There are two main types of abortion:
Medication / Medical
Medication abortion also called ‘the pill’ or chemical abortion, can be taken up to 70 days (10 weeks) pregnant. The procedure requires two steps and involves two drugs, mifepristone and misoprostol. It is taken in two doses, one typically at a doctor’s office and the other at home. Another doctor’s visit is needed to confirm the the process is complete.
Medical terminations use drugs, instead of surgical instruments, to end a pregnancy. Early Medical Abortion – Up to 10 weeks from the last menstrual period (LMP) “The Abortion Pill” (mifepristone plus misoprostol) is the most common form of medical abortion. It was approved by the Food & Drug Administration (FDA) for use in women up to 10 weeks after LMP. It is even used beyond 10 weeks LMP, despite an increasing failure rate. It is done by taking a series of pills that disrupt the embryo’s attachment to the uterus, and cause uterine cramps which push the embryo out.
Things to consider:
- Bleeding can be heavy and lasts an average of 9-16 days.
- One woman in 100 needs a surgical scraping to stop the bleeding.
- Pregnancies sometimes fail to abort, and this risk increases as pregnancy advances.
- For pregnancies 8 weeks LMP and beyond, identifiable parts may be seen.
- By 10 weeks LMP, the developing baby is over one inch in length with clearly recognizable arms, legs, hands, and feet.
- Methotrexate is FDA-approved for treating certain cancers and rheumatoid arthritis, but is used off-label to treat ectopic pregnancies and to induce abortion. Given by mouth or injection, it works by stopping cell growth, resulting in the embryo’s death.
Medical Methods for Induced Abortion – 2nd and 3rd Trimester. This procedure induces abortion by using drugs to cause labor and delivery of the fetus and placenta. Drugs may be injected into the fetus or the amniotic fluid to stop the baby’s heart before starting the procedure to avoid a live birth. There is a risk of heavy bleeding, and the placenta may need to be surgically removed.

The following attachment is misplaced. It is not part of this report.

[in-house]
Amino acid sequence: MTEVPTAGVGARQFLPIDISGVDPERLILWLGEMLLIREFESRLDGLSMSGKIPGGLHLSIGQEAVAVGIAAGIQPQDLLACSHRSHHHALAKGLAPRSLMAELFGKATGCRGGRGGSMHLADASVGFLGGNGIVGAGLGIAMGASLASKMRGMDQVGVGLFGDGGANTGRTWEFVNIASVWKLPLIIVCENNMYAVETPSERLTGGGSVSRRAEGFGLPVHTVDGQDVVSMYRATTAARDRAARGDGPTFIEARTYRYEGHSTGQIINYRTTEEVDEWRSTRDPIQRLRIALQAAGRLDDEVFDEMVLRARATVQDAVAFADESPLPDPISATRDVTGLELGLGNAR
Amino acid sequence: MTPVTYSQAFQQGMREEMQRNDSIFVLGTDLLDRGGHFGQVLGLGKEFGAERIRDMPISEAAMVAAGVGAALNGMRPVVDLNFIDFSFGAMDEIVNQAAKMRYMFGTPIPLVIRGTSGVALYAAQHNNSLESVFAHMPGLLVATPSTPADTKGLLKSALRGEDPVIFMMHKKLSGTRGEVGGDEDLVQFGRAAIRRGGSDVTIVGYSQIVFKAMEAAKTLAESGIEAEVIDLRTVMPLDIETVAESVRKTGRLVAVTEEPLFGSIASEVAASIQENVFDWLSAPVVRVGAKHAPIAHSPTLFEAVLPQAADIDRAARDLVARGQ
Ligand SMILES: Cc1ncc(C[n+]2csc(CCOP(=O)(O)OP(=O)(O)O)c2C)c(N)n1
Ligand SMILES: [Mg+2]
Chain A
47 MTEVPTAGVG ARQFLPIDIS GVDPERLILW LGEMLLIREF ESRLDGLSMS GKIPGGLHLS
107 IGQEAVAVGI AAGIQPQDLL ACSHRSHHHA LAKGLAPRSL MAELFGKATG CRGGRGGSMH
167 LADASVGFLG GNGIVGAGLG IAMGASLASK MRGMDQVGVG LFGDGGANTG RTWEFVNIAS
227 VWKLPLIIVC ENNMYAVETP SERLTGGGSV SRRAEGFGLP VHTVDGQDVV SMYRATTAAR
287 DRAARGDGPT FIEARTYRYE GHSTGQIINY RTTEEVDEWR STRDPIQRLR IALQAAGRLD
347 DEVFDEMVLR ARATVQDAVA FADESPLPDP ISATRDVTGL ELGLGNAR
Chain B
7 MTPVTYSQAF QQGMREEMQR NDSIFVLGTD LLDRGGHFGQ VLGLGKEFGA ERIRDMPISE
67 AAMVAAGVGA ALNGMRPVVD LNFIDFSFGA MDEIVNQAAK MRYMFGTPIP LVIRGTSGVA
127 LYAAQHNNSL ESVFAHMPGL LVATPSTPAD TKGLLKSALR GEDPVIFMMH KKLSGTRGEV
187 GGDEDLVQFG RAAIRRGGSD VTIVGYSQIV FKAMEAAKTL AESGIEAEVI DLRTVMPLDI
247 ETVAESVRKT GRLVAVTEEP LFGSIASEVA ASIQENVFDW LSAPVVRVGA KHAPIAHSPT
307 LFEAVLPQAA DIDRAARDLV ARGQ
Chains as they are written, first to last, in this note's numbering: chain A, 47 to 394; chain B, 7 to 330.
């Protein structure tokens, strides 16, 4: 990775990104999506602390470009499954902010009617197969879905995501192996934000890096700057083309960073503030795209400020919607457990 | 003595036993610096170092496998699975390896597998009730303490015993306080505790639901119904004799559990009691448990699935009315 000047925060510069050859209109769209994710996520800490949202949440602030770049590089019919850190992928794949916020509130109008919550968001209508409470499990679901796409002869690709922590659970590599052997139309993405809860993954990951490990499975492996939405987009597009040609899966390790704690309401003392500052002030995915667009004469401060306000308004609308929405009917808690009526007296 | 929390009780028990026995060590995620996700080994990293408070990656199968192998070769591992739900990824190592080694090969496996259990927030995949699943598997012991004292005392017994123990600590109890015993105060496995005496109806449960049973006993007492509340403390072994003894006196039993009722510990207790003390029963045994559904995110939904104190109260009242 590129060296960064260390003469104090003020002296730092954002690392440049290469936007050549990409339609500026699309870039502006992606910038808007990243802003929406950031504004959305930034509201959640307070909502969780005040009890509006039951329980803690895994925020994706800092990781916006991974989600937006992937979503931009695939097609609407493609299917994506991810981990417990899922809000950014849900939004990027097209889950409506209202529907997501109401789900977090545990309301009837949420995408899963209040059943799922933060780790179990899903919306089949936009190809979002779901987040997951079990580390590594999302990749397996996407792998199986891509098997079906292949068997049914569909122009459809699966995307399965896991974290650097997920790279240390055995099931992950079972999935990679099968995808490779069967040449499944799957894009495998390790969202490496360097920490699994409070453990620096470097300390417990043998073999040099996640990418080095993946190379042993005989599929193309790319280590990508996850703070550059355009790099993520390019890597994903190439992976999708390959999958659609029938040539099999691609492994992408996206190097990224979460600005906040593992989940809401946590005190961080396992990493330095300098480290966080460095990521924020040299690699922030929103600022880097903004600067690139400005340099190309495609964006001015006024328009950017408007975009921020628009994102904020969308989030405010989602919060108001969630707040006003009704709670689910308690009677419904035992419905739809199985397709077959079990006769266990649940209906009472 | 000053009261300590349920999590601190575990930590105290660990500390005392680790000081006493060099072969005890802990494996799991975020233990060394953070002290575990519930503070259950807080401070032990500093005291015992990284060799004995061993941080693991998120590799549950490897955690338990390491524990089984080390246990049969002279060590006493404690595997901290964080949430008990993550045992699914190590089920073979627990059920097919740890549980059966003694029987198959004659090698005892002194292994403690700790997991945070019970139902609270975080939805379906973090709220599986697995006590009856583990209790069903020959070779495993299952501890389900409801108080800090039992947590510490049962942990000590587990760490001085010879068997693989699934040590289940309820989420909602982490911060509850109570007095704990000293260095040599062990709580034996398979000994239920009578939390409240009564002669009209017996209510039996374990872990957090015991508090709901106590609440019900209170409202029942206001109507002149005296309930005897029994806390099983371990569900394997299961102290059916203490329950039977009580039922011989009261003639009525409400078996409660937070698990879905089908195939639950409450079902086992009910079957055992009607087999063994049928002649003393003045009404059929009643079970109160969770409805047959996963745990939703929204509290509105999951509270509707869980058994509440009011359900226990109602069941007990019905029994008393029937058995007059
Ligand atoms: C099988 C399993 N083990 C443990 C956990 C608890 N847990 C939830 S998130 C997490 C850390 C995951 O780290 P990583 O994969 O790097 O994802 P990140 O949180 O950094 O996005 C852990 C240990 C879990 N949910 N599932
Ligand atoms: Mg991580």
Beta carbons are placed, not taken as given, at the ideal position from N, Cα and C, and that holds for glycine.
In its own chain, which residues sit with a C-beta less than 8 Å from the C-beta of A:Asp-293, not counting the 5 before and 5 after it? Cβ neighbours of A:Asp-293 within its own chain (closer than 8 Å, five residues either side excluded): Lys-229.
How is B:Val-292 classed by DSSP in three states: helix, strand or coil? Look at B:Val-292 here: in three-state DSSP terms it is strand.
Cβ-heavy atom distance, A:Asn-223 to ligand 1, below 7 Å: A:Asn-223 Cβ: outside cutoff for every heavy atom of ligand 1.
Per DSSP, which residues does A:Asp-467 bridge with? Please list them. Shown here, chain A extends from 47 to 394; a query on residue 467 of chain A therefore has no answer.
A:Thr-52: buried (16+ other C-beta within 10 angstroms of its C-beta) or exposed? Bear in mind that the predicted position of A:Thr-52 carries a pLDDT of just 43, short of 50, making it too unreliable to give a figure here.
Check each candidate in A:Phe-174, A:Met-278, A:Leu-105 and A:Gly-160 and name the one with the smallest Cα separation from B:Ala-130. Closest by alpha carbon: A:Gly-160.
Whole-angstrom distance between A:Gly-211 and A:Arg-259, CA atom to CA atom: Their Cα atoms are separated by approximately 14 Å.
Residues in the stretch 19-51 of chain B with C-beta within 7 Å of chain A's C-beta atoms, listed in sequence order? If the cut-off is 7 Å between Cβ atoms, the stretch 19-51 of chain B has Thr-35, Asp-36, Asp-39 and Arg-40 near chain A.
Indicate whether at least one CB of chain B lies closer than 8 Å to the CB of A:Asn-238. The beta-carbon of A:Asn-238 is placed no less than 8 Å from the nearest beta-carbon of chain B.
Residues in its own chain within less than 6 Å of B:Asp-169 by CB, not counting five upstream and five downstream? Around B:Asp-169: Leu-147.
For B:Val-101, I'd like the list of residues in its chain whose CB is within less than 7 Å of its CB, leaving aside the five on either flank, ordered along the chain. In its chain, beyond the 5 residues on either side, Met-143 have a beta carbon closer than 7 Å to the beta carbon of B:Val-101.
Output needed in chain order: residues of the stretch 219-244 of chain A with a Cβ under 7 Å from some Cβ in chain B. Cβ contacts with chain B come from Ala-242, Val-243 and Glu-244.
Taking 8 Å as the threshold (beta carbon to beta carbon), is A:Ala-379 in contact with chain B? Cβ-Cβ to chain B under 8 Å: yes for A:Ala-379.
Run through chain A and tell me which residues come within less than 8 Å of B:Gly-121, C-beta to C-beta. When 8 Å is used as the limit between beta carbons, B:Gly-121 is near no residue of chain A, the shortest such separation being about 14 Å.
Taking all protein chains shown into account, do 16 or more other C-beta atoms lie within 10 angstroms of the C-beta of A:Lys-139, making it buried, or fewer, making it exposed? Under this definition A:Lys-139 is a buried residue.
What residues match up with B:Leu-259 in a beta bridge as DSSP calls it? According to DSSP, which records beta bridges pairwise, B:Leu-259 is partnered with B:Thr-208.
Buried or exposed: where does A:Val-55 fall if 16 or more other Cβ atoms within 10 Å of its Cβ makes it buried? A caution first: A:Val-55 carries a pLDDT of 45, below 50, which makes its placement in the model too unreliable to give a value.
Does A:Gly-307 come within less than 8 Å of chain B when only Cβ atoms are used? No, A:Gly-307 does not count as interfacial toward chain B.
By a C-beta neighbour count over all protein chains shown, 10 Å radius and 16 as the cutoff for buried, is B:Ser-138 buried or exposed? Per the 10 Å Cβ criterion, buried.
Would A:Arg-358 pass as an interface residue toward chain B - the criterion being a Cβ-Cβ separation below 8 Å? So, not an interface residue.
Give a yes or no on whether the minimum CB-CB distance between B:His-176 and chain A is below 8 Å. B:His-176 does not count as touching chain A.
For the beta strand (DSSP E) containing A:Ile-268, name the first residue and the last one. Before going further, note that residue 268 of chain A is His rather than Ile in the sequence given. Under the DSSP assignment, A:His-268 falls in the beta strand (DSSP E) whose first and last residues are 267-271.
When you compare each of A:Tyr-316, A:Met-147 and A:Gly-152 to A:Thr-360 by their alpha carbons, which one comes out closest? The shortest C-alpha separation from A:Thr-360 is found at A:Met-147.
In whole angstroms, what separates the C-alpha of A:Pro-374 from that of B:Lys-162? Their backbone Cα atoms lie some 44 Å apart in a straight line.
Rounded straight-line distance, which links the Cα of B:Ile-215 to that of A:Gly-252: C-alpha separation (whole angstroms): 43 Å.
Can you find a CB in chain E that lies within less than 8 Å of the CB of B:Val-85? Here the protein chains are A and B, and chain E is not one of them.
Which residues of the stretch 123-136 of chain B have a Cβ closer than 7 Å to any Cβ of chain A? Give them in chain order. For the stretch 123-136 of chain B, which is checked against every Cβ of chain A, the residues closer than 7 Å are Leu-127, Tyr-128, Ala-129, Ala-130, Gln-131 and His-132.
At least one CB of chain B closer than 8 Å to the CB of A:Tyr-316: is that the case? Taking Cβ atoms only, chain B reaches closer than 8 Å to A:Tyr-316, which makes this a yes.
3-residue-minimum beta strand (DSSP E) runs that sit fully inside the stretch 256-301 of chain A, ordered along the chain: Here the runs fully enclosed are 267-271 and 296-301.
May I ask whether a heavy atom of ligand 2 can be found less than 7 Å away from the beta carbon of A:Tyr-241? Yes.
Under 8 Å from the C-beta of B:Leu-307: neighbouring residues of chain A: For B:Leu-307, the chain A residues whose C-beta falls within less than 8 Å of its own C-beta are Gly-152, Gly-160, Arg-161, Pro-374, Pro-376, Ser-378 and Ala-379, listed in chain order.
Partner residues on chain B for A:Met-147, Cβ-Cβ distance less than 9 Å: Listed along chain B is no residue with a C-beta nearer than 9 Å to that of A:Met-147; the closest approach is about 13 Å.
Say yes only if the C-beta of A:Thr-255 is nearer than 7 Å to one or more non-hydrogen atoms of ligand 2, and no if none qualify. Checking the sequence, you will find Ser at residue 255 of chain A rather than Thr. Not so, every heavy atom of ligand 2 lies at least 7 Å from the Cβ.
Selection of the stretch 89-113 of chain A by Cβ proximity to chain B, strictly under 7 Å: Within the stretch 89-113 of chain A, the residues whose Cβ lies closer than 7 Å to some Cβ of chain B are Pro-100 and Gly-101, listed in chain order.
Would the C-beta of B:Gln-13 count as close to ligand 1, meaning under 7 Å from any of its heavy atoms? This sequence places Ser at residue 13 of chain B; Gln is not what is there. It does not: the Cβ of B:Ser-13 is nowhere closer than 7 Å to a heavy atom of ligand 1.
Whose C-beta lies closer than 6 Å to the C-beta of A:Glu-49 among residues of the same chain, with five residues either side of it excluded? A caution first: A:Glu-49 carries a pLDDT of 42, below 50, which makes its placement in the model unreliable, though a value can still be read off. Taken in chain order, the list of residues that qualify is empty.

There are several types of surgical abortions. Suction aspiration, also called suction curettage or vacuum aspiration, is performed during the first 6 to 16 weeks gestation. Dilation and Evacuation (D&E) is another type of procedure typically done in later weeks. Both types have risks and side-effects and greatly vary depending on your gestation and health.
Surgical terminations are done by opening the cervix and passing instruments into the uterus to suction, grasp, pull, and scrape the pregnancy out. The exact procedure is determined by the baby’s level of growth.
Aspiration/Suction – Up to 14 weeks LMP Most early surgical abortions are performed using this method. Local anesthesia is typically offered to reduce pain. The procedure involves opening the cervix, passing a tube inside the uterus, and attaching it to suction device which pulls the embryo out.
Dilation and Evacuation (D&E) – 15 weeks LMP and up Most second trimester abortions are performed using this method. Local anesthesia, oral, or intravenous pain medications and sedation are commonly used. Besides the need to open the cervix much wider, the main difference between this procedure and a first trimester abortion is the use of forceps to grasp fetal parts and remove the baby in pieces. D&E is associated with a much higher risk of complications compared to a first trimester procedures.
D&E After Viability – 24 weeks LMP and up This procedure typically takes 2–3 days and is associated with increased risk to the life and health of the mother. General anesthesia is usually recommended, if available. Drugs may be injected into the fetus or the amniotic fluid to stop the baby’s heart before starting the procedure. The cervix is opened wide, the amniotic sac is broken, and forceps are used to dismember the fetus.
If you are considering abortion, your first step is becoming informed. We never financially benefit from your decision and can discuss your options with absolutely no pressure. All services are free and confidential.
STIs & ABORTION
If you undergo an abortion with an undiagnosed STI, like chlamydia, you have a greater risk of developing PID (Pelvic Inflammatory Disease). PID can lead to serious consequences including infertility, ectopic pregnancy, abscess formation, and chronic pelvic pain. Since many women with STIs are asymptomatic and don’t realize they are infected, we recommend STI testing before undergoing an abortion.